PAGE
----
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 The Voices of Morebath

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Temperance
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PostSubject: The Voices of Morebath   Mon 01 Jun 2015, 18:36

Is this worth a story? I think it is. I refer to what I have learnt from Professor Eamon Duffy:

This is about a sixteenth-century country priest, and the extraordinary records he kept. It deals with ordinary people in an unimportant place, whose claim to fame is that they lived through the most decisive revolution in English history, and had a priest who wrote everything down. Morebath was - and is - a tiny Devonshire sheep-farming village, which in the sixteenth century was made up of just thirty-three families, working the difficult land on the southern edge of Exmoor. The bulk of its conventional Tudor archives have long since vanished: there are no manorial records, and most of the ancient wills of the region went up in smoke during the bombing of Exeter during the Second World War. But for more than fifty years, through all the drama of the Reformation, Morebath had a single priest, Sir Christopher Trychay (his surname is pronounced Tricky to rhyme with Dicky, and Catholic priests were then called Sir as they are now called Father). Sir Christopher was vicar of Morebath from 1520 until his death in 1574.  He was opinionated, eccentric and talkative and his records are like no other in England. He gives details of the rebellion of 1549 that left at least 3000 decent Englishmen dead - a rebellion that no one talks about...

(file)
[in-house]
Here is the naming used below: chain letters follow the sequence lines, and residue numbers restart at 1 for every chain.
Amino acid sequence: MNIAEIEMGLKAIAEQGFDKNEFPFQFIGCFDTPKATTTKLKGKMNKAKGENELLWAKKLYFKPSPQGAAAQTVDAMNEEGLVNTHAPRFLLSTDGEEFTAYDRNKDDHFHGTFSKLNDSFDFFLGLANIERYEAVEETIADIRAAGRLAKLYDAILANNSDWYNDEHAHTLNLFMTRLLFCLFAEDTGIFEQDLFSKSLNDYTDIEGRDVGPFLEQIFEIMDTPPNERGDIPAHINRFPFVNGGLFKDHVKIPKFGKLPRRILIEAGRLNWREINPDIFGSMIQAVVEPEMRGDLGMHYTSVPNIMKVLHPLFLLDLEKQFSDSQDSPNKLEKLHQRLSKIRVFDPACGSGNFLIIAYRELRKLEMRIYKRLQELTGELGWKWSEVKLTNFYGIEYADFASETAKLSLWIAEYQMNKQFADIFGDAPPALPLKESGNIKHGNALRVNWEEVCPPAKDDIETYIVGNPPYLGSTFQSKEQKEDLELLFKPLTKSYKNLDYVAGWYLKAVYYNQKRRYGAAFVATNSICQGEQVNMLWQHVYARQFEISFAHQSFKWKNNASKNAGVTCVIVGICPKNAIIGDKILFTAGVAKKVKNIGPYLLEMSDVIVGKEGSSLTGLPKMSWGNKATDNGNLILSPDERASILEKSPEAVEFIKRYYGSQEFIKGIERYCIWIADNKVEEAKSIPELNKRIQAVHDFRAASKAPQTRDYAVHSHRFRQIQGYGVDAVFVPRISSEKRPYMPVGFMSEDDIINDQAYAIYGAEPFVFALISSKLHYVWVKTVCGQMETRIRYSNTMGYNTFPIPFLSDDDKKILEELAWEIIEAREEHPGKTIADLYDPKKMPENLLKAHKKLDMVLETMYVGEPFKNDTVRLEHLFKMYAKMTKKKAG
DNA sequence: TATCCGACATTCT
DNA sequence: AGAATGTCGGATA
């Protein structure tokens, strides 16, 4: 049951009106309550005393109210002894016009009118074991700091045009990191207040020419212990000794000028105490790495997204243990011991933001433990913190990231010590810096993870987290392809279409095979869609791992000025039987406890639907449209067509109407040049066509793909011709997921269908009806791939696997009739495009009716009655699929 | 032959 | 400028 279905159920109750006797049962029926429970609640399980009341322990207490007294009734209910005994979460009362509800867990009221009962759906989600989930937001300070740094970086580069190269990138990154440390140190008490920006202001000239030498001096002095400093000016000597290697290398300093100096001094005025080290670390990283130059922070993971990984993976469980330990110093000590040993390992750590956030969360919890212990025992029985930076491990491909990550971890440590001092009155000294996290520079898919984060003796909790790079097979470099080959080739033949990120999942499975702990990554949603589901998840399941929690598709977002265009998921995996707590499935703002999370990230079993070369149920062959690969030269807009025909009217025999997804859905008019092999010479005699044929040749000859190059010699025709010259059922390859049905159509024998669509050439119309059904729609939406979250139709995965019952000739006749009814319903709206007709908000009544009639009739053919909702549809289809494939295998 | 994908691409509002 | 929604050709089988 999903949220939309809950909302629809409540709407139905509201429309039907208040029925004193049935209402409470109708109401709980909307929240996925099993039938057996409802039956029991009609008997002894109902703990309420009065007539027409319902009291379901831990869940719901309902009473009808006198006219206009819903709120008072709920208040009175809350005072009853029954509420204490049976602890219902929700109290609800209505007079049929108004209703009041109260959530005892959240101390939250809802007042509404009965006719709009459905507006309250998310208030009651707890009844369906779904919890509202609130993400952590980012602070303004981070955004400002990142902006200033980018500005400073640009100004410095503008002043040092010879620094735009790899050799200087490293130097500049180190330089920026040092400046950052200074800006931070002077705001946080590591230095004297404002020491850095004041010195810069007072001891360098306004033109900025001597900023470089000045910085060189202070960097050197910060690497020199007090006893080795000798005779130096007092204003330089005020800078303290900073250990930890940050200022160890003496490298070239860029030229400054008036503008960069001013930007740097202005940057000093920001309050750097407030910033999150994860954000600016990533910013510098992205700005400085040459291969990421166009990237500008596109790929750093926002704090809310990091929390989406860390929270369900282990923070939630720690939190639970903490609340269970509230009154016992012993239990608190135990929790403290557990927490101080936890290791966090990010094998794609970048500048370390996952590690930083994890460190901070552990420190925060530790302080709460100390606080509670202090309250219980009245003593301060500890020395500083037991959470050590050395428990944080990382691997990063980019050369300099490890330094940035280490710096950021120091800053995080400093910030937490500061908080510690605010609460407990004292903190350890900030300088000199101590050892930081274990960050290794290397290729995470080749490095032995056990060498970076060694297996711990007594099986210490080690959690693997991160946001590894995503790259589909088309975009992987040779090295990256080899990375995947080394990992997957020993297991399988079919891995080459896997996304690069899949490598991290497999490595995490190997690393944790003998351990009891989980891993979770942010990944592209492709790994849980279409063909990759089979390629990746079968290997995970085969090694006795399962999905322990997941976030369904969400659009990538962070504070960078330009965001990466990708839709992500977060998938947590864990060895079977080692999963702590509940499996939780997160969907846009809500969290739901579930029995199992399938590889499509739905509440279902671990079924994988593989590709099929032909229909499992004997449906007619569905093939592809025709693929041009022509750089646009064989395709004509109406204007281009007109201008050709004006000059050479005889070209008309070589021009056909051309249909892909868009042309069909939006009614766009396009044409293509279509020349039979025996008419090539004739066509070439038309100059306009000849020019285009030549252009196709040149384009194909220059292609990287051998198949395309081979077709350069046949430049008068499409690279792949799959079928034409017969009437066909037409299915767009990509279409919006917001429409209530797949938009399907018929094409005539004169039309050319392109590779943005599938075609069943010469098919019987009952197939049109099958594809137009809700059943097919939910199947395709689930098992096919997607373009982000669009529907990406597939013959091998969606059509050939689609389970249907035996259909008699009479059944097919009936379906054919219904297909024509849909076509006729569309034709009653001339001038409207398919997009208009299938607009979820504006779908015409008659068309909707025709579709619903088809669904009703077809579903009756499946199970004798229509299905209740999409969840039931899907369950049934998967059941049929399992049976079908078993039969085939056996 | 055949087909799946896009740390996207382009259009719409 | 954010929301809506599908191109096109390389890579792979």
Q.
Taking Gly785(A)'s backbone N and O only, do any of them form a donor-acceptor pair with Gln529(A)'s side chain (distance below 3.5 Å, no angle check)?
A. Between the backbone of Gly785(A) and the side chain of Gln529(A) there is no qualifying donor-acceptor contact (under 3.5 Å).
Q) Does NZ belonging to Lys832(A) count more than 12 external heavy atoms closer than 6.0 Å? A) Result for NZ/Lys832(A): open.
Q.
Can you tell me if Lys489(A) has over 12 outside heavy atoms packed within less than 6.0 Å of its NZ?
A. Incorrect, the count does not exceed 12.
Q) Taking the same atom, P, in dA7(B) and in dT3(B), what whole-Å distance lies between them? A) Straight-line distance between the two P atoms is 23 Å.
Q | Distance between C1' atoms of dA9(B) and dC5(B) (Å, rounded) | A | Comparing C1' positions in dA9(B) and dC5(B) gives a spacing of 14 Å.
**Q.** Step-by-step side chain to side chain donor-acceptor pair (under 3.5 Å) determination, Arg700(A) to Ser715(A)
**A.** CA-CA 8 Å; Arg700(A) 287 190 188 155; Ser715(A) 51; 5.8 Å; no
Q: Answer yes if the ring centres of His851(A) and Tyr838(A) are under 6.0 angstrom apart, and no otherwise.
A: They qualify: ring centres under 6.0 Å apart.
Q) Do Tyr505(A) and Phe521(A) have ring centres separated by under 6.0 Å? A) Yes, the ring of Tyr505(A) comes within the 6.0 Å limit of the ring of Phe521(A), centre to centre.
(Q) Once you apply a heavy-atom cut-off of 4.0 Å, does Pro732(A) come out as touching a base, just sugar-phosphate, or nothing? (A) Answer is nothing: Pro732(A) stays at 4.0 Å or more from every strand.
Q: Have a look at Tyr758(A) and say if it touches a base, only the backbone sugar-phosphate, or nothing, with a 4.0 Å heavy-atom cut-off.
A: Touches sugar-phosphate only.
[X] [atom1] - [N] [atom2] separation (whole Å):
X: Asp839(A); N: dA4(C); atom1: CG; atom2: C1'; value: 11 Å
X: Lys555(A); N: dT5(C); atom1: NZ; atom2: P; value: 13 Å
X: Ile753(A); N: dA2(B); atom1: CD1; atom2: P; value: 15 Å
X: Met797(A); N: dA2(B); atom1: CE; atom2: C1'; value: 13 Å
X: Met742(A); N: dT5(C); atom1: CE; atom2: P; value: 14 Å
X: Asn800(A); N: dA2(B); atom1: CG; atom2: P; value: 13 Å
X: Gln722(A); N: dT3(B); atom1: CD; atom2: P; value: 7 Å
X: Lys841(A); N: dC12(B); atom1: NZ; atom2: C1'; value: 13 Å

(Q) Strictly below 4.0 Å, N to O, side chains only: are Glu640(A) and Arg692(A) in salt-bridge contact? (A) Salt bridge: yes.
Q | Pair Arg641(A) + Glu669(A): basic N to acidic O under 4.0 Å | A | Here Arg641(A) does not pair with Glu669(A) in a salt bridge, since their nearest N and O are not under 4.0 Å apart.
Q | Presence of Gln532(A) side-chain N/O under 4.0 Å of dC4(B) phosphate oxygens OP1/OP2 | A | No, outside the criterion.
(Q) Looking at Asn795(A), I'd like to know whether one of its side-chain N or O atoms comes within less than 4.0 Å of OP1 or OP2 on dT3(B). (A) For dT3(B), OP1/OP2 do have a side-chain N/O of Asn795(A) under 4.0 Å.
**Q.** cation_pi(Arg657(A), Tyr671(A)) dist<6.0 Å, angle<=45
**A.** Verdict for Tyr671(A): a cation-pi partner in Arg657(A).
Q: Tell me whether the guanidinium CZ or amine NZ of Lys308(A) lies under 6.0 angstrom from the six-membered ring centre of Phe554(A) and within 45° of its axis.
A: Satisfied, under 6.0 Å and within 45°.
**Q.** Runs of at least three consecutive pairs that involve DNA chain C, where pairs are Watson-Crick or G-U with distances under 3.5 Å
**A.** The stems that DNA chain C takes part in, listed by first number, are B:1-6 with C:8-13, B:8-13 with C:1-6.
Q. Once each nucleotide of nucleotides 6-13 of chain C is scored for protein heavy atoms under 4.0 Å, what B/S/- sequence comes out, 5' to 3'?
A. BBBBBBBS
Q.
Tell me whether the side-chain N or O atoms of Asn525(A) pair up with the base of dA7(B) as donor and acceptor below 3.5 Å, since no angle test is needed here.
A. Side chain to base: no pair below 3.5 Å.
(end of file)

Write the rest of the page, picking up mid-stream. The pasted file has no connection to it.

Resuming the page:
Is he worth a book?
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ferval
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PostSubject: Re: The Voices of Morebath   Mon 01 Jun 2015, 19:52

Is he worth a book?

I have no doubt he is.

This reminds me of Montaillou, village occitan 1294-1324 although the circumstances of gathering the information were very different. The interrogation records of a bishop of the Inquisition, and future pope, must differ somewhat from the remembrances of a parish priest but both can provide, in the hands of the right author, the kind of detail that illuminates the micro-history, both social and in relation to events, of a place and its people which otherwise would have slipped silently away.
And old Tricky sounds worthy of a book in his own right anyway.
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Temperance
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PostSubject: Re: The Voices of Morebath   Tue 02 Jun 2015, 16:03

@ferval wrote: